Hundreds of Finlanders aged 75-80 were given a battery of physical and cognitive tests 30 years ago. The same tests were recently repeated, in 2017-2018, with Finlanders aged 75-80. The modern group showed substantial differences:
walking speeds .2-.4 meters per second faster
grip strengths 5%-25% stronger
knee extension strengths 20%-47% higher
better verbal fluency, reasoning, and working memory
This means that the modern group moves and thinks “younger.” “Performance measurements reflect one’s functional age,” says lead author Taina Rantanen, professor of gerontology and public health at the University of Jyväskylä.
And if you’re Covid obsessed like I am here you go:
I would not extrapolate the older age study findings to the general population. Clearly there are cultural, societal, dietary, climate and other differences in Finland that do not exist elsewhere. But at my age I’ll take good news about getting older anywhere I can find it.
Finland is different. They developed a real interesting rapid Covid-19 test.
Four Covid-19 sniffer dogs have begun work at Helsinki airport in a state-funded pilot scheme that Finnish researchers hope will provide a cheap, fast and effective alternative method of testing people for the virus.
The swift action of the government slowed the spread of the virus and bought the country vital time to prepare its hospitals and testing system, says the team of scientists advising it. It also meant they could stop the virus’s spread before it became exponential as it did in the hardest hit nations.
“By acting really fast we were able to completely identify and stop the transmission chain of the disease in every [outbreak],” says Rafael Radi, a biochemist at Montevideo’s University de la Republica leading the government’s advisory group.
Epidemiologists traced the first outbreak to a wedding, where all attendees were tested and suspected infections isolated within 24 hours. The same approach was employed at the three subsequent outbreaks: a mental health care hospital, a care home for the elderly, and the city of Rivera, bordering Brazil. The result was that most local transmission chains have been controlled at the second or third ration of contacts,4 before their spread accelerated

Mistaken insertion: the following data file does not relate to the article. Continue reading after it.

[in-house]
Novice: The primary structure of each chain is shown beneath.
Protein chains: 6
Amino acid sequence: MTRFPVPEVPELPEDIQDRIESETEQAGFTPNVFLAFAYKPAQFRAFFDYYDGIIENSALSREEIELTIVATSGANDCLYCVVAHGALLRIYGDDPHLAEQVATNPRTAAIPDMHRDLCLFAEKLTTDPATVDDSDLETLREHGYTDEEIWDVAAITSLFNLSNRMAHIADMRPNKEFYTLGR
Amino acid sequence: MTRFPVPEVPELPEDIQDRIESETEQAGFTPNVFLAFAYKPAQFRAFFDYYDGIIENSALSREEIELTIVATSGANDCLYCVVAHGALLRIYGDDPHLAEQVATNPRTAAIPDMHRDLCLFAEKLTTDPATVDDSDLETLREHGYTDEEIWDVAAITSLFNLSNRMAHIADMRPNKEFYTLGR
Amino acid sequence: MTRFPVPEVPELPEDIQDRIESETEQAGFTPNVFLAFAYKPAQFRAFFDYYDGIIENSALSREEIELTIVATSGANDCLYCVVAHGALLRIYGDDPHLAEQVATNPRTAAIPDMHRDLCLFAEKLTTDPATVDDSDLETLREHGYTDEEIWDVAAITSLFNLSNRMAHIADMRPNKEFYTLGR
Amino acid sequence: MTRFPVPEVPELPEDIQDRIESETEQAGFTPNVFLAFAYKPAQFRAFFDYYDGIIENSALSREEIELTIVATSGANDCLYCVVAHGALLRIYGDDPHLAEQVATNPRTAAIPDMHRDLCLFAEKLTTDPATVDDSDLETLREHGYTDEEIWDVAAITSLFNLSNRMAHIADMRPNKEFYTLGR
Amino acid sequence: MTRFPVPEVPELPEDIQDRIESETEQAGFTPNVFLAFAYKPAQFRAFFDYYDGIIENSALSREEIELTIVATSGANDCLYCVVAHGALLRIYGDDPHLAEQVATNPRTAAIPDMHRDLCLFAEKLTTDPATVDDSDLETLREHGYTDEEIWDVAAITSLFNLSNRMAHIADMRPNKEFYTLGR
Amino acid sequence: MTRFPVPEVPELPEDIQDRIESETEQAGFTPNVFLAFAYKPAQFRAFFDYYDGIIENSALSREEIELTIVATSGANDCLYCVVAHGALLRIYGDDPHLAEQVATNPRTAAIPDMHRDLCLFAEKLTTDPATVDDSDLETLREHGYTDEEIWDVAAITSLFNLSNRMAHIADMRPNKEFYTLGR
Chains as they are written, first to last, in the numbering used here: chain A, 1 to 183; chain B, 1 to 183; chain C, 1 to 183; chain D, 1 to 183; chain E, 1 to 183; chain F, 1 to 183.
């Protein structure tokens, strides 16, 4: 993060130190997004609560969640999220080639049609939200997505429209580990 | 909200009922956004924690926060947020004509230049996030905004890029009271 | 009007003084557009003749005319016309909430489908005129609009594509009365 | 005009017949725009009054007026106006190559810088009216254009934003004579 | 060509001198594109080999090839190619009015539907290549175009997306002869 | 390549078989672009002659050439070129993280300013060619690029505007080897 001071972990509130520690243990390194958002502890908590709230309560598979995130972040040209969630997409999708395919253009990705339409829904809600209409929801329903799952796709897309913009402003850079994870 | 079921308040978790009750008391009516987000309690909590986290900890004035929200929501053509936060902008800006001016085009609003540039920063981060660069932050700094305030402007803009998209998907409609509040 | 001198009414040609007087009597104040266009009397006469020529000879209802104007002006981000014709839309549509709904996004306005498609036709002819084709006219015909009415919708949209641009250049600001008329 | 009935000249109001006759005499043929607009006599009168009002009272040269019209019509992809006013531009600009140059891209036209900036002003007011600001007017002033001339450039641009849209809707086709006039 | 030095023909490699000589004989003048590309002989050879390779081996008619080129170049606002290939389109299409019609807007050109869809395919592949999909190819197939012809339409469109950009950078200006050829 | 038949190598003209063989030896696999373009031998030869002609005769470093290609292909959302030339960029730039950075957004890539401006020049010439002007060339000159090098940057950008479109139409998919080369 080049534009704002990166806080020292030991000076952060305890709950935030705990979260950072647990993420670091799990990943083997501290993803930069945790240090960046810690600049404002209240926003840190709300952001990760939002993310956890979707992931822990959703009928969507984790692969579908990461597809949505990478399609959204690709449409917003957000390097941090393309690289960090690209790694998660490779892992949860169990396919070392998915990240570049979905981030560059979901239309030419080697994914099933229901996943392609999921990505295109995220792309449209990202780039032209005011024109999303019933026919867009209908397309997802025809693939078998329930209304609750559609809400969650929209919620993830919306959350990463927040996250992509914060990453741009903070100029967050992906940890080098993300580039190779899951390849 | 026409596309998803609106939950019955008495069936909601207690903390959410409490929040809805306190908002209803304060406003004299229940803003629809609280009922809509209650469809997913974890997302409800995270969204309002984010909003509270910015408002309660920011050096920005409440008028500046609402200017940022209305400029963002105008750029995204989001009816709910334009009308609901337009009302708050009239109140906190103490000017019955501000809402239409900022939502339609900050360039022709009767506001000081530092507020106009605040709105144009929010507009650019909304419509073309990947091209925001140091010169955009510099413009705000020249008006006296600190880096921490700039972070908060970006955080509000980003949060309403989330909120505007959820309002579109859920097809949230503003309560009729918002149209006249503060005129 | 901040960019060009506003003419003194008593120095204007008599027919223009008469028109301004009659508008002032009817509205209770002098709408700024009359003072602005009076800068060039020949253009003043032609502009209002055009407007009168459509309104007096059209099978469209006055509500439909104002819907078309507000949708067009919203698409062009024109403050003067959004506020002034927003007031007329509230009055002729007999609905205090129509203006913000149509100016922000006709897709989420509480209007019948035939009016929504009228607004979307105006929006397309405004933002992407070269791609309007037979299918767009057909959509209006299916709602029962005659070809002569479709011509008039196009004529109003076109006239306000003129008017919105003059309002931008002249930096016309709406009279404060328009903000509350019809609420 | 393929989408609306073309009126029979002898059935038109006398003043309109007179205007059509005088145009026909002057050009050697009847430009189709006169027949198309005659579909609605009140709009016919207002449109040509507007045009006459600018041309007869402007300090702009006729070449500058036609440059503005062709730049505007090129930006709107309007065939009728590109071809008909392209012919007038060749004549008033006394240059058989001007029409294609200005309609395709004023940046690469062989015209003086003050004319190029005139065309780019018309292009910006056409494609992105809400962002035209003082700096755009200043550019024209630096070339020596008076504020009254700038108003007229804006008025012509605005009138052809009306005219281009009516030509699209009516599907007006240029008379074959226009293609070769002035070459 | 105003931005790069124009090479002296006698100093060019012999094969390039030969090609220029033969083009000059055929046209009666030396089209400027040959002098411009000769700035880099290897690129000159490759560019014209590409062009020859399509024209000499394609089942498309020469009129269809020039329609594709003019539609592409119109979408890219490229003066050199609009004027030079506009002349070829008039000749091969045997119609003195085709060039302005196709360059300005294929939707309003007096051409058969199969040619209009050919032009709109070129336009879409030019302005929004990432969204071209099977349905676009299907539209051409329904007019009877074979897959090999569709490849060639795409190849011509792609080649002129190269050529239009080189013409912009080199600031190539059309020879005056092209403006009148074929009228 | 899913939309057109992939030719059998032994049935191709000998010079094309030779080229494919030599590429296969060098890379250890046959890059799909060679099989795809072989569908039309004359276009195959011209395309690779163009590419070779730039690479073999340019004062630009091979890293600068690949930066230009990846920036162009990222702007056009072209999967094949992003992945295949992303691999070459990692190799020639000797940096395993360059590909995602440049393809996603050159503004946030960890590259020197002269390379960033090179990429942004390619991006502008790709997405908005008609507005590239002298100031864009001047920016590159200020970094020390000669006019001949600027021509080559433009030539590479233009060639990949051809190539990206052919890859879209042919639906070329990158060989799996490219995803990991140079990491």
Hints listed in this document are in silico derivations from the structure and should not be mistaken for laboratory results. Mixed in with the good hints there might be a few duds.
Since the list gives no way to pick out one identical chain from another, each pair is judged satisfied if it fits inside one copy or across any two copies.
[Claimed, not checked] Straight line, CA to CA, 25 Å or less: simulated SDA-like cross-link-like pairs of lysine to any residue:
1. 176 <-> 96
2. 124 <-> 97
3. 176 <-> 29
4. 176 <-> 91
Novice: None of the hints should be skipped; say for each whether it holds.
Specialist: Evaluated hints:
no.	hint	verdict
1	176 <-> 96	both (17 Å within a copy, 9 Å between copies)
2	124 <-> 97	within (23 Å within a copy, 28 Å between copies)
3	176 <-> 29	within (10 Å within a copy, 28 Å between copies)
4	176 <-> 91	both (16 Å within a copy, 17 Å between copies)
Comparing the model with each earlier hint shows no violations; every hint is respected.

For many people, squatting is a desperate last resort, while for some it is a lifestyle choice or a political statement. Barcelona, which is ground zero of Spain’s squatting phenomenon, attracts squatters from all over Europe. In recent years, more and more young locals — including many with jobs — who have been priced out of the rental market or who simply don’t want to pay the inflated rents have also turned to squatting.
If you live in a part of the world that is blessed with a year round moderate climate this phenomenon is coming to your town.
Meanwhile in Argentina…
In Argentina, they have gone beyond just squatting. Lands with no buildings on them are being occupied, houses build on them and people moves there, sometimes in just a few weeks. Once the illegal houses are occupied getting the people out and the houses destroyed is not easy. That already was a problem before quarantine but during quarantine? It has got a lot worse. And of course there is squatting too.